5. amateurs. For people who don’t really know themselves and have no culture, it seems fun to talk about all this relatively irrelevant shit. But for native New Yorkers, we go about our day creating culture, instead of constantly asking ourselves, is this ok? what do you think? Where did you get those shoes? And all sorts of insecure mindlessness that makes you stick out like a sore thumb. Oh yeah, and New Yorkers love to hate 😉

  6. This is a largely irrelevant [and irreverent] guide to the minutia that every New Yorker has already internalized, but I think it’s a handy list of mundane tips for someone who doesn’t know.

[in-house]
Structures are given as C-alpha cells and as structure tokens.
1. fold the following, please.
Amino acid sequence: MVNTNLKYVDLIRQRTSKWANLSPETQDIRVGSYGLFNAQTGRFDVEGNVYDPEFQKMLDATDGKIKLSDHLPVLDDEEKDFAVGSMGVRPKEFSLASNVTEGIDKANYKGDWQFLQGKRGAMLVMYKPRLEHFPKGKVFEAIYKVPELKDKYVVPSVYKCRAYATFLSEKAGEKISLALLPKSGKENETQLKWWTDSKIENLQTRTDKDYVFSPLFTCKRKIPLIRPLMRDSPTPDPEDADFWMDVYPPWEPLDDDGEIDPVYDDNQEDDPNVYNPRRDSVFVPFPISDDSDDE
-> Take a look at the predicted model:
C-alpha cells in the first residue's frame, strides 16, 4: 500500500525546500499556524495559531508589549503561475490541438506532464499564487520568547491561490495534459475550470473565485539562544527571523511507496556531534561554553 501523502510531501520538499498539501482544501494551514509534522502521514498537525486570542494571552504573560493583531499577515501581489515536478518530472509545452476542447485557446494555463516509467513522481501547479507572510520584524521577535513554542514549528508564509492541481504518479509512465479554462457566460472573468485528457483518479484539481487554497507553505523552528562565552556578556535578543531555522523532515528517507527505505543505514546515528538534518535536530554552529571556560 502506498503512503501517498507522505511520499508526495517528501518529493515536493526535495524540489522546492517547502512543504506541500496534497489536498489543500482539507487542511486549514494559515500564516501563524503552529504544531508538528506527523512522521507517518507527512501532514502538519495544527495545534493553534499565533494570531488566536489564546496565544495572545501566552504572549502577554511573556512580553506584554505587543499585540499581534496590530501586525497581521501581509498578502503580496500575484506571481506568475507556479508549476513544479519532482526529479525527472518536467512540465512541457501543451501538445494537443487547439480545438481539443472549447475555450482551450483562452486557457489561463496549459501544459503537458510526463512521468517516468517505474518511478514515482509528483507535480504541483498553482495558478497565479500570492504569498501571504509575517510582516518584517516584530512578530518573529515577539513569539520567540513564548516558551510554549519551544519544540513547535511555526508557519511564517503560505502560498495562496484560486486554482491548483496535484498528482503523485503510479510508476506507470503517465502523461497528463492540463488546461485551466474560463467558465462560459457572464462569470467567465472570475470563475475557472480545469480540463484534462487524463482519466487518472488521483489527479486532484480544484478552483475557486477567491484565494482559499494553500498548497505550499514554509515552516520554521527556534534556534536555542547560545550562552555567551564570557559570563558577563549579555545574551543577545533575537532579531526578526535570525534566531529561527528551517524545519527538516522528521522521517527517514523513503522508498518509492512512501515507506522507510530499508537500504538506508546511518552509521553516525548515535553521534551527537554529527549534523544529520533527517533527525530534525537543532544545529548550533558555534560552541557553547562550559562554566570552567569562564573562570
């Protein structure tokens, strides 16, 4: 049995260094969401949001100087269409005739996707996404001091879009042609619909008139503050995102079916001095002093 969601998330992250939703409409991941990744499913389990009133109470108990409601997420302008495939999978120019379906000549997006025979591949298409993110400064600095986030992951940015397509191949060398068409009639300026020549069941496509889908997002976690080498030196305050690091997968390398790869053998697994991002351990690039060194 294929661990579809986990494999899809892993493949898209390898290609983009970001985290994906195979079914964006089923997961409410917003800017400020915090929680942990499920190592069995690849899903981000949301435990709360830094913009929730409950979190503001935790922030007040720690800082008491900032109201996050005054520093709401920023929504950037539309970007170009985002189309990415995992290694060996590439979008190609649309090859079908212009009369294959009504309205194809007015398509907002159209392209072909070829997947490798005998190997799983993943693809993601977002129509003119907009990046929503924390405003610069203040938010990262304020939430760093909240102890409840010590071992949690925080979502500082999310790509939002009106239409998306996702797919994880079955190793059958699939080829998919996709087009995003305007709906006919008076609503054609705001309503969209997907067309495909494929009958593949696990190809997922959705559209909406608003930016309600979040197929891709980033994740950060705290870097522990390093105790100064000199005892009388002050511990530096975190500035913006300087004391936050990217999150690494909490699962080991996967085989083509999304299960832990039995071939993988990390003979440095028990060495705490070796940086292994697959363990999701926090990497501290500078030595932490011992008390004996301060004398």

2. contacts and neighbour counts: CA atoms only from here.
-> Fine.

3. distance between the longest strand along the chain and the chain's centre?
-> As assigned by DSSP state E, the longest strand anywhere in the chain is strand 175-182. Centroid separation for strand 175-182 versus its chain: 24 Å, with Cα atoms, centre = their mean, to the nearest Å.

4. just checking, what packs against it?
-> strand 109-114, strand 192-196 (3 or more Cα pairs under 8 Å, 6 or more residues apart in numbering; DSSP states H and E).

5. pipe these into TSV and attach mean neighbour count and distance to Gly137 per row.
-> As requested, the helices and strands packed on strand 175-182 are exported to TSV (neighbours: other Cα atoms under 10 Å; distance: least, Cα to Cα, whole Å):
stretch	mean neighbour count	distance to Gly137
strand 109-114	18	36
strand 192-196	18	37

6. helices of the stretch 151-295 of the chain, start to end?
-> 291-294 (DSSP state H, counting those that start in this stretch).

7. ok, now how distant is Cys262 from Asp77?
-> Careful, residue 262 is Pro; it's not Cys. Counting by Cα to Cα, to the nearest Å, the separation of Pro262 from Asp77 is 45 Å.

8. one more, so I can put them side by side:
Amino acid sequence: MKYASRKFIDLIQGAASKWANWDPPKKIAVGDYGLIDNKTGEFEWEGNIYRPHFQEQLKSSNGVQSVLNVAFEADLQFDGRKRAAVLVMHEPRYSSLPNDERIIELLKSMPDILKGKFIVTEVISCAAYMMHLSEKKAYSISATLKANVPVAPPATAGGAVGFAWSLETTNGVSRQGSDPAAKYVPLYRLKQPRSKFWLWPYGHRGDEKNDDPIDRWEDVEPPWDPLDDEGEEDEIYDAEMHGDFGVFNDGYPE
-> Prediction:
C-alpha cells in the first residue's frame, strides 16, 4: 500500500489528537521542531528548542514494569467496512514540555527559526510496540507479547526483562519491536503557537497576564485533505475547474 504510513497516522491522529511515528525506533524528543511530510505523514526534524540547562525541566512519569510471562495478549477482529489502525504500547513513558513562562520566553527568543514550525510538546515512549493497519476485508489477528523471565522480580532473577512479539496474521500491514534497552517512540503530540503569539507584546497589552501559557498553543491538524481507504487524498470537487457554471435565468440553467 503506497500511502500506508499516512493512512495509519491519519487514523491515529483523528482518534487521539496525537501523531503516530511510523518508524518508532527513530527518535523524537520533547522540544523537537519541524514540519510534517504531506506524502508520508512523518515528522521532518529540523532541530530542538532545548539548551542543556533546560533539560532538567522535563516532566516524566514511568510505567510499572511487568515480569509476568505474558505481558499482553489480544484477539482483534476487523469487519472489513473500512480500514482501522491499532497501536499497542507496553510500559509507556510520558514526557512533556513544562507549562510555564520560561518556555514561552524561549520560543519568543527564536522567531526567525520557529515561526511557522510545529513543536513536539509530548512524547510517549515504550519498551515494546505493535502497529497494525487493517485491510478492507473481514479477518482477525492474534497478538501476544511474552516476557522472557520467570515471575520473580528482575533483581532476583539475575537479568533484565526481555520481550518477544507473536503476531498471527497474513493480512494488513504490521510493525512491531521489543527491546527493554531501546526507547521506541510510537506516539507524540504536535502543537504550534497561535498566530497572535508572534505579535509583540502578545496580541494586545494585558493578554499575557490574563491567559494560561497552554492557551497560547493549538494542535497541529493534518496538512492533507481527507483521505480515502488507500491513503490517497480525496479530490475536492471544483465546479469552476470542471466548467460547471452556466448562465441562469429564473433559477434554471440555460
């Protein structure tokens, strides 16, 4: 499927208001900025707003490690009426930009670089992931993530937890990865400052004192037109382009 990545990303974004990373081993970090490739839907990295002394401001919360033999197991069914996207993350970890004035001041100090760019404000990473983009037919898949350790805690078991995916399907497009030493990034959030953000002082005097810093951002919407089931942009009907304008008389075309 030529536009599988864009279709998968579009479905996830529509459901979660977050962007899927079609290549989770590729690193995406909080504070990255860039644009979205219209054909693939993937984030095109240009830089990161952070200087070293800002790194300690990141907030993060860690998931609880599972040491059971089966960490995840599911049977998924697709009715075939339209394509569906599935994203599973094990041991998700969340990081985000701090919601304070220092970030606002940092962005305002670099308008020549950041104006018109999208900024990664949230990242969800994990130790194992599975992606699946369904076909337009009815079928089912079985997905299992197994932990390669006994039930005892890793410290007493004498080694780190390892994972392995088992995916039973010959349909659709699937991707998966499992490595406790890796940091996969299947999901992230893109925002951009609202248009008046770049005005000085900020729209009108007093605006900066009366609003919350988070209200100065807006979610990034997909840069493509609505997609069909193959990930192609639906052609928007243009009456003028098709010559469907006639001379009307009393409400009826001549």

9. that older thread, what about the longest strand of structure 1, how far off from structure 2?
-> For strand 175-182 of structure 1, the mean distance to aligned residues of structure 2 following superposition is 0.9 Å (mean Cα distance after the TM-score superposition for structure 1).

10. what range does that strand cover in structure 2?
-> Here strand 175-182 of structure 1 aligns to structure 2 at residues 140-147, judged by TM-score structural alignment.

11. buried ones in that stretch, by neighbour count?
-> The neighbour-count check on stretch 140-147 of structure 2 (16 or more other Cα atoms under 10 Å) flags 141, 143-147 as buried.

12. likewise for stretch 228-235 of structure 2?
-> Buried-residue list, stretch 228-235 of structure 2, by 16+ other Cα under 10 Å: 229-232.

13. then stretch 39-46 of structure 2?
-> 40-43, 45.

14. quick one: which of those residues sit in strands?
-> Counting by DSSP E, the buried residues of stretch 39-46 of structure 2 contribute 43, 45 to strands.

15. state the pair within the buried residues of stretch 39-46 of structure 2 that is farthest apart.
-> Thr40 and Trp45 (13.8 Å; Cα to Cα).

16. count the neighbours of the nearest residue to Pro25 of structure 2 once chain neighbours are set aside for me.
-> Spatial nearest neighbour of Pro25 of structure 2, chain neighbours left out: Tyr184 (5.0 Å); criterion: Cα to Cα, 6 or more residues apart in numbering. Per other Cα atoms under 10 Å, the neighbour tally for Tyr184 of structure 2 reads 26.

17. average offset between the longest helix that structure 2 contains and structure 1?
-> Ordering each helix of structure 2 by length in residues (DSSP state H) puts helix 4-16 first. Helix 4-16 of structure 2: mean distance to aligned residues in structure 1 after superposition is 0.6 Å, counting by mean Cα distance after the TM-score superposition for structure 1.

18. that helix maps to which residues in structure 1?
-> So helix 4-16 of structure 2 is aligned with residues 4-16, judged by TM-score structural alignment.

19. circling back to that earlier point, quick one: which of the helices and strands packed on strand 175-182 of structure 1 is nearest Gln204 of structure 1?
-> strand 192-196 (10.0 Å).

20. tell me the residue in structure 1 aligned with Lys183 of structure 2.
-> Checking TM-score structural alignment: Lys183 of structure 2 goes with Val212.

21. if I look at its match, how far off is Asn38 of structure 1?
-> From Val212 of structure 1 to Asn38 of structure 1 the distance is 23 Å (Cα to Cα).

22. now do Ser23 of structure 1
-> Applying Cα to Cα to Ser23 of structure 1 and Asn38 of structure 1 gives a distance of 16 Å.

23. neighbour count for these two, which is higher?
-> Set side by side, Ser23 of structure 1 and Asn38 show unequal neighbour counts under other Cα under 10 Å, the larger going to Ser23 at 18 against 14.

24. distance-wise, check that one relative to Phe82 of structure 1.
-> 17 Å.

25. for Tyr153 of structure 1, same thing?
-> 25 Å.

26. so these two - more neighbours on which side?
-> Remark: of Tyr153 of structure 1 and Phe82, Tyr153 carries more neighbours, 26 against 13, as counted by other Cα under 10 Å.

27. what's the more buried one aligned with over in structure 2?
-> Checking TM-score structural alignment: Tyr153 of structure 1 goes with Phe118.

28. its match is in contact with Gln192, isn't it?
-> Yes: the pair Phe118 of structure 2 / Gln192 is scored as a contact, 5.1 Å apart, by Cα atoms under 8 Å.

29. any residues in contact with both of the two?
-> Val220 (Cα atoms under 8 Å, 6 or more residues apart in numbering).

Barbara, we must be from different parts of Brooklyn because, where I’m from, it’s always “ices,” which is so absurd that I had to mention it.

  7. I think you confusing “ices” with “icey” which is what the piragua man sells if you don’t speak Spanish.

    Also, Veniero’s is Italian cheesecake; Junior’s is Jewish cheesecake. Apples and oranges. But Veniero’s does have the best cannoli.

  8. No, I’m referring to the “ices” you get from a pizza place which, in my experience [that being perhaps more narrow than I’d thought] is always plural.

  9. I call it New Jersey… and I refer to Manhattan by both it’s name, or as ‘the city’ or simply ‘New York’ which is what most old timers call it. Or I just call it Blandhattan because that’s what it is.

    And I wouldn’t say Jap at all. It’s vaguely racist either way you put it.

    And what is Long Gislland? How do you even pronounce that?

    There’s too much wrong with this list but I’m a jaded New Yorker so I guess I’d find fault with everything, especially in this heat.